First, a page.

These realities have been lost in some of the Western press coverage of India’s approach to the Ukraine crisis and in some of the shrill, reflexively defensive conversations unfolding in the Indian press. Viral clips reveal Indian talk show hosts and commentators berating U.S. guests when pressed on India’s perceived affinity for Russia, twisting themselves in knots to defend Putin’s actions and reciting a litany of historical grievances with U.S. policy.
In reality, an exceedingly small minority of Indian officials and experts accept Russian propaganda that it is cleansing Ukraine of “Nazis.” A larger proportion, however, believes the U.S. and NATO hold some responsibility for the crisis by seeking to enlarge the alliance eastward.
Nevertheless, I suspect the vast majority of officials and citizens privately oppose Russia’s invasion and want hostilities to end as soon as possible. Far from advancing Indian interests, Russia’s invasion has only created heartburn for New Delhi. It put India’s 20,000 students in Ukraine in harm’s way. (One was killed by Russian fire.) It also brought unwanted scrutiny of India-Russia ties from New Delhi’s partners in America and Europe. Punishing new sanctions from the West may impact Indian companies that do business with Russia.
Most concerning for New Delhi, the invasion has further exacerbated the divide between Russia and the West while strengthening the emerging China-Russia nexus. Many Indian commentators have long held out hope that Russia and the U.S. would set aside their legacy differences and band together with India to confront a larger shared threat: China. This fanciful aspiration has persisted despite Russia’s consistent and accelerating embrace of China over the past decade. While some Indian commentators are beginning to lose faith that Russia can be turned against China, none want to see Moscow move further into Beijing’s orbit.
It is increasingly apparent, however, that in even the best-case scenario for Moscow, Russia will emerge from this misadventure substantially weaker economically, diplomatically, and militarily; more at odds with the West; and more dependent on China.
The U.S. government seems to recognize that there are pragmatic motivations behind India’s desire to avoid antagonizing Moscow at a time it is locked in a border standoff with the People’s Liberation Army. To date, Washington has proved flexible, avoiding public criticism of India’s hands-off approach to the Ukraine crisis. “We know India has a relationship with Russia that is distinct from the relationship that we have with Russia. Of course, that is okay,” a State Department spokesman explained in late February.
This is the right approach. It would be inadvisable to invest excessive time and energy trying to budge India from an entrenched position on Russia when even a successful effort is unlikely to produce more than marginal returns. Few believe stronger statements of condemnation from India would materially alter Russia’s calculation in Ukraine. Better to focus on the priority theater—the Indo-Pacific—where convergence is strong and India is consequential, than on the secondary theater where convergence is weak and India’s impact is marginal. In this case, the juice isn’t worth the squeeze.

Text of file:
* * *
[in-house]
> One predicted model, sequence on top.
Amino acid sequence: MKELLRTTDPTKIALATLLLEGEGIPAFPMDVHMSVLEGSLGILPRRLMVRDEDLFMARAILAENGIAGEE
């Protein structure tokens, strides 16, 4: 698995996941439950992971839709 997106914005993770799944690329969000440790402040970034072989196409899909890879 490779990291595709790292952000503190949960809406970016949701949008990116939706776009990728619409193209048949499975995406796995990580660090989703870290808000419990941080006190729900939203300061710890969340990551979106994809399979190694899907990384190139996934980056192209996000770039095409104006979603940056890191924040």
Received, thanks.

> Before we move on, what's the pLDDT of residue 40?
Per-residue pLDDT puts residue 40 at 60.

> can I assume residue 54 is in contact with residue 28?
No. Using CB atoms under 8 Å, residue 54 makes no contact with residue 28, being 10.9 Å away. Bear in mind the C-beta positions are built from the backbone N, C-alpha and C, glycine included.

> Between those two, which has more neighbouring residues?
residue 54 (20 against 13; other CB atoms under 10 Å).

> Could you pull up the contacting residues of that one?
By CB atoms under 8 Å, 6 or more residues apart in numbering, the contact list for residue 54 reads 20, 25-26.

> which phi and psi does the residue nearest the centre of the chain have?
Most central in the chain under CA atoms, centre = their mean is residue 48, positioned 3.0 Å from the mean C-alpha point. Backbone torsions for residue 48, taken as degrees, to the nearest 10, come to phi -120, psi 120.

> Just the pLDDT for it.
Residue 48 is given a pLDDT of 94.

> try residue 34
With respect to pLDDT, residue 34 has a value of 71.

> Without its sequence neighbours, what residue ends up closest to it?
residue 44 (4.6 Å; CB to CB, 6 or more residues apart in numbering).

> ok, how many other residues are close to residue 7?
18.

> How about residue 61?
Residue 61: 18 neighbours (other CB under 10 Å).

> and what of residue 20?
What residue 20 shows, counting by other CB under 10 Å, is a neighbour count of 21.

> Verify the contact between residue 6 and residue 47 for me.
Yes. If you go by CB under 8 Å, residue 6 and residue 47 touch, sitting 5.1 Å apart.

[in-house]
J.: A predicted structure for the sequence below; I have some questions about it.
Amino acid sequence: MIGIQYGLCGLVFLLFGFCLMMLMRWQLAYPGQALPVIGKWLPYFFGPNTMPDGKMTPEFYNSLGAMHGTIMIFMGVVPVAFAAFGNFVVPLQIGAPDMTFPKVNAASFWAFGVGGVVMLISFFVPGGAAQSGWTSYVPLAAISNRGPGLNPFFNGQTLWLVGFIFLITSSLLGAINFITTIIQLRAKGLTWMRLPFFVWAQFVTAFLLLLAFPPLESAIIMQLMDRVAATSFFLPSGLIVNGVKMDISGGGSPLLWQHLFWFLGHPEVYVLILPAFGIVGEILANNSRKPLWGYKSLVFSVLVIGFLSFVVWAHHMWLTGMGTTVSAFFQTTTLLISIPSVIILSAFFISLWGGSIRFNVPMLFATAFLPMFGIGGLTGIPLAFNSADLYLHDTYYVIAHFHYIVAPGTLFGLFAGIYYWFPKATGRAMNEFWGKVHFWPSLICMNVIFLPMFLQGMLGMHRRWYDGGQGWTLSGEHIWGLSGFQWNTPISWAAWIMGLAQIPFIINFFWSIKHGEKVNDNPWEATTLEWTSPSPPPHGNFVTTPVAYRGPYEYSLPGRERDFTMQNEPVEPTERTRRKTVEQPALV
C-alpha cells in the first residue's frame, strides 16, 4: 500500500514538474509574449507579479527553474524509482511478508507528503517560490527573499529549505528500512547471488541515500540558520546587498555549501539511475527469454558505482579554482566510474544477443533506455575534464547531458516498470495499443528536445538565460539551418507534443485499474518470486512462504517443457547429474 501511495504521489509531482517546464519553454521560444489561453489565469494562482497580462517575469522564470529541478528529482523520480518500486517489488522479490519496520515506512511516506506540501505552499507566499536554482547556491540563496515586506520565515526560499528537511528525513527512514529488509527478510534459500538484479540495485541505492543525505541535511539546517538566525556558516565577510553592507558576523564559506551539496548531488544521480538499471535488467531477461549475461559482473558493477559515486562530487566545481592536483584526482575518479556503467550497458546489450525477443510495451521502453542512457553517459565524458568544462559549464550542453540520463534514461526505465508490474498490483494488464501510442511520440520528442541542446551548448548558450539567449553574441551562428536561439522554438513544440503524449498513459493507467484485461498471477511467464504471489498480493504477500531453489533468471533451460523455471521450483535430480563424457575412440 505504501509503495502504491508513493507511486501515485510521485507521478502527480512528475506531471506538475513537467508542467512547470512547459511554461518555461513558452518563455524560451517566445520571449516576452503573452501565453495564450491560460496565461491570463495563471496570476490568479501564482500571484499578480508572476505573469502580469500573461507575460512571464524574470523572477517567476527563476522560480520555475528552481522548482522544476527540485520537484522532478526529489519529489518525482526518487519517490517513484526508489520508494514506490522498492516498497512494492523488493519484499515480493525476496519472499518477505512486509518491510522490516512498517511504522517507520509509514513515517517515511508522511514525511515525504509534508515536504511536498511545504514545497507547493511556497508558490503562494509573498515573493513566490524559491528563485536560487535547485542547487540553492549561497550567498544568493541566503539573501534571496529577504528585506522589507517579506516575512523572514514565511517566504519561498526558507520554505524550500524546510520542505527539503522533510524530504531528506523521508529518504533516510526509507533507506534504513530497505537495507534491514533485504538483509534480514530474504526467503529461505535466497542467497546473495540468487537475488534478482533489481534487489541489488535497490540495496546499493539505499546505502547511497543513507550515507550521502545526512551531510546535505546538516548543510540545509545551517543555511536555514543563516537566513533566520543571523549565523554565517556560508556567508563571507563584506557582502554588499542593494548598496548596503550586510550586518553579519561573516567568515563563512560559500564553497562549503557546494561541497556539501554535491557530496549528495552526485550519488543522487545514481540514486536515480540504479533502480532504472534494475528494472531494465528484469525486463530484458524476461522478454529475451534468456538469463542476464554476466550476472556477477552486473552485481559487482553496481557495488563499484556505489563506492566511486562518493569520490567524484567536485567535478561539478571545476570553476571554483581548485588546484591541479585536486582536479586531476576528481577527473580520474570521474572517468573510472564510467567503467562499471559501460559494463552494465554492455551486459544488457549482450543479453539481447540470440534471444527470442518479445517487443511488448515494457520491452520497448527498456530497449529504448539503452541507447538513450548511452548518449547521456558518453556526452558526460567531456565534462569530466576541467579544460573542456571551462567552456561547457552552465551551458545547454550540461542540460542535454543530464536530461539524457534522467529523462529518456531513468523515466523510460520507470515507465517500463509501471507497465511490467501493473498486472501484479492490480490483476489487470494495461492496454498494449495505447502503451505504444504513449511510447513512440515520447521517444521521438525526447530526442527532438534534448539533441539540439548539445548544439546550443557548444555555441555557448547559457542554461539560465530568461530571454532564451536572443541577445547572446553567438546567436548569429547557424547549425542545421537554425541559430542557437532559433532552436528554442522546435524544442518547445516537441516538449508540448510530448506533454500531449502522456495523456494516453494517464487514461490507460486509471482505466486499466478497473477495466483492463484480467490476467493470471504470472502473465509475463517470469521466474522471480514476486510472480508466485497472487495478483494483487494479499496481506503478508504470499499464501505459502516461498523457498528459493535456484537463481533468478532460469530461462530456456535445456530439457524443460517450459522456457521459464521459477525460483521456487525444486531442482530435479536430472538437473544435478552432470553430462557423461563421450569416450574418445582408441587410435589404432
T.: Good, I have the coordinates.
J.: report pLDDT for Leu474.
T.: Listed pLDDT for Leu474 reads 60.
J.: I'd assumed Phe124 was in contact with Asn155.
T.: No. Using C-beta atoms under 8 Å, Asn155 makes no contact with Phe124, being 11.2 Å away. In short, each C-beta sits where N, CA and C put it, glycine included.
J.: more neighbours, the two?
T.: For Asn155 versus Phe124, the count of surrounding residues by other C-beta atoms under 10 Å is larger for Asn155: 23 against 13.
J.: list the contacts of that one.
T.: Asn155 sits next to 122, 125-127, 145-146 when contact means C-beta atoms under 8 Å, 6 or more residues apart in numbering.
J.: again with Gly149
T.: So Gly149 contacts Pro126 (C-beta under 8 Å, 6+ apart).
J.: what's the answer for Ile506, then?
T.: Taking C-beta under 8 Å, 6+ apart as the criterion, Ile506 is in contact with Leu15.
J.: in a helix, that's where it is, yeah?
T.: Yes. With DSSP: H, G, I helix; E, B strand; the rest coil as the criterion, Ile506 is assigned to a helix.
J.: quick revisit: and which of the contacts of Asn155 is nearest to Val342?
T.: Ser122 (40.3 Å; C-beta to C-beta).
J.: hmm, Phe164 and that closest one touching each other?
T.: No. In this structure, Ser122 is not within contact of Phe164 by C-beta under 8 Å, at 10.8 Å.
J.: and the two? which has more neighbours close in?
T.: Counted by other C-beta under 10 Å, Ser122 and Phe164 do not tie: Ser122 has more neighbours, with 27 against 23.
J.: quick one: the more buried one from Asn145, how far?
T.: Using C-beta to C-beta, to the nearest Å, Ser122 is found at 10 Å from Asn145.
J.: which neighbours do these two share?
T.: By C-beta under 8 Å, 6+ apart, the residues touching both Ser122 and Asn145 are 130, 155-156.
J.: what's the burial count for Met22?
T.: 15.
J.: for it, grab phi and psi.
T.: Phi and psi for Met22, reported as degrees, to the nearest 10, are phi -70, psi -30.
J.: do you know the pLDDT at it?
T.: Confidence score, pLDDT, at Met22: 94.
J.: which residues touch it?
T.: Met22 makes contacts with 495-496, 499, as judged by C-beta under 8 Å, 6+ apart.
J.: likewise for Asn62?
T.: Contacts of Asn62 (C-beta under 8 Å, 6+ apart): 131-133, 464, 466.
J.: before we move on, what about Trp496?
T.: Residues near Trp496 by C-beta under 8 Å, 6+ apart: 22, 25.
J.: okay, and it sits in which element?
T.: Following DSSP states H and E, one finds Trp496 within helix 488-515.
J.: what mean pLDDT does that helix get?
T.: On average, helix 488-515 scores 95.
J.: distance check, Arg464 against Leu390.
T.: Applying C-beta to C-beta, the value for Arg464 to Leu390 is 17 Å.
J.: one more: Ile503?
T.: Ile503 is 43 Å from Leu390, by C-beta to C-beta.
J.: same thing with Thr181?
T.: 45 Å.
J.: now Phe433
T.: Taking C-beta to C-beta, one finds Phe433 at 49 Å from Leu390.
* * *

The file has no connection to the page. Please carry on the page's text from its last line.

On Russia-India ties, the best thing the U.S. government can do is take a step back. For years, New Delhi and Moscow have been drifting apart of their own volition. Their bilateral trade is minuscule: less than $8 billion annually, even as India-U.S. trade approaches $150 billion. People-to-people ties are equally tepid. Pre-crisis, more Indians were studying in Ukraine than in Russia. Most important, Moscow and New Delhi diverge widely on India’s principal external security threat, China, toward which Russia is no longer a reliable balancer. Aging memories and military hardware are the only glue holding the relationship together.
Russia’s war in Ukraine will only exacerbate the existing divisions between Moscow and New Delhi. Having believed Putin’s promises that he would not invade Ukraine, many Indian officials and analysts were caught off-guard by Russia’s attack. They’ve been equally surprised by the underwhelming performance of the Russian military and the severity of the sanctions imposed by the West.
For the first time in recent memory, Indians are openly criticizing Russia on prime-time television, questioning the morality of the invasion and the wisdom of India’s enduring dependence on Russian military hardware. In a recent roundtable discussion at the Vivekananda International Foundation think tank, experts noted the Russian military’s “visible and abject lack of preparation” and “severe logistical incompetence.” They even questioned the “quality of Russian technology previously thought to be superlative.”
Others are deliberating the merits of depending on a country increasingly aligned with China. When Russia sought India’s support for a favorable UN Security Council resolution on Ukraine in mid-March, New Delhi declined.
One hopes India will use what influence it does have with Russia to privately convey the importance of ending the conflict as soon as possible. But rather than publicly condemning India for abstaining at the United Nations or imposing sanctions for its purchase of Russian military hardware or energy, the U.S. government should recognize the complex India-Russia relationship for what it is: a relic of the Cold War, under duress and showing signs of age.
Jeff M. Smith is a research fellow at The Heritage Foundation in Washington, DC. The views expressed are the author's own.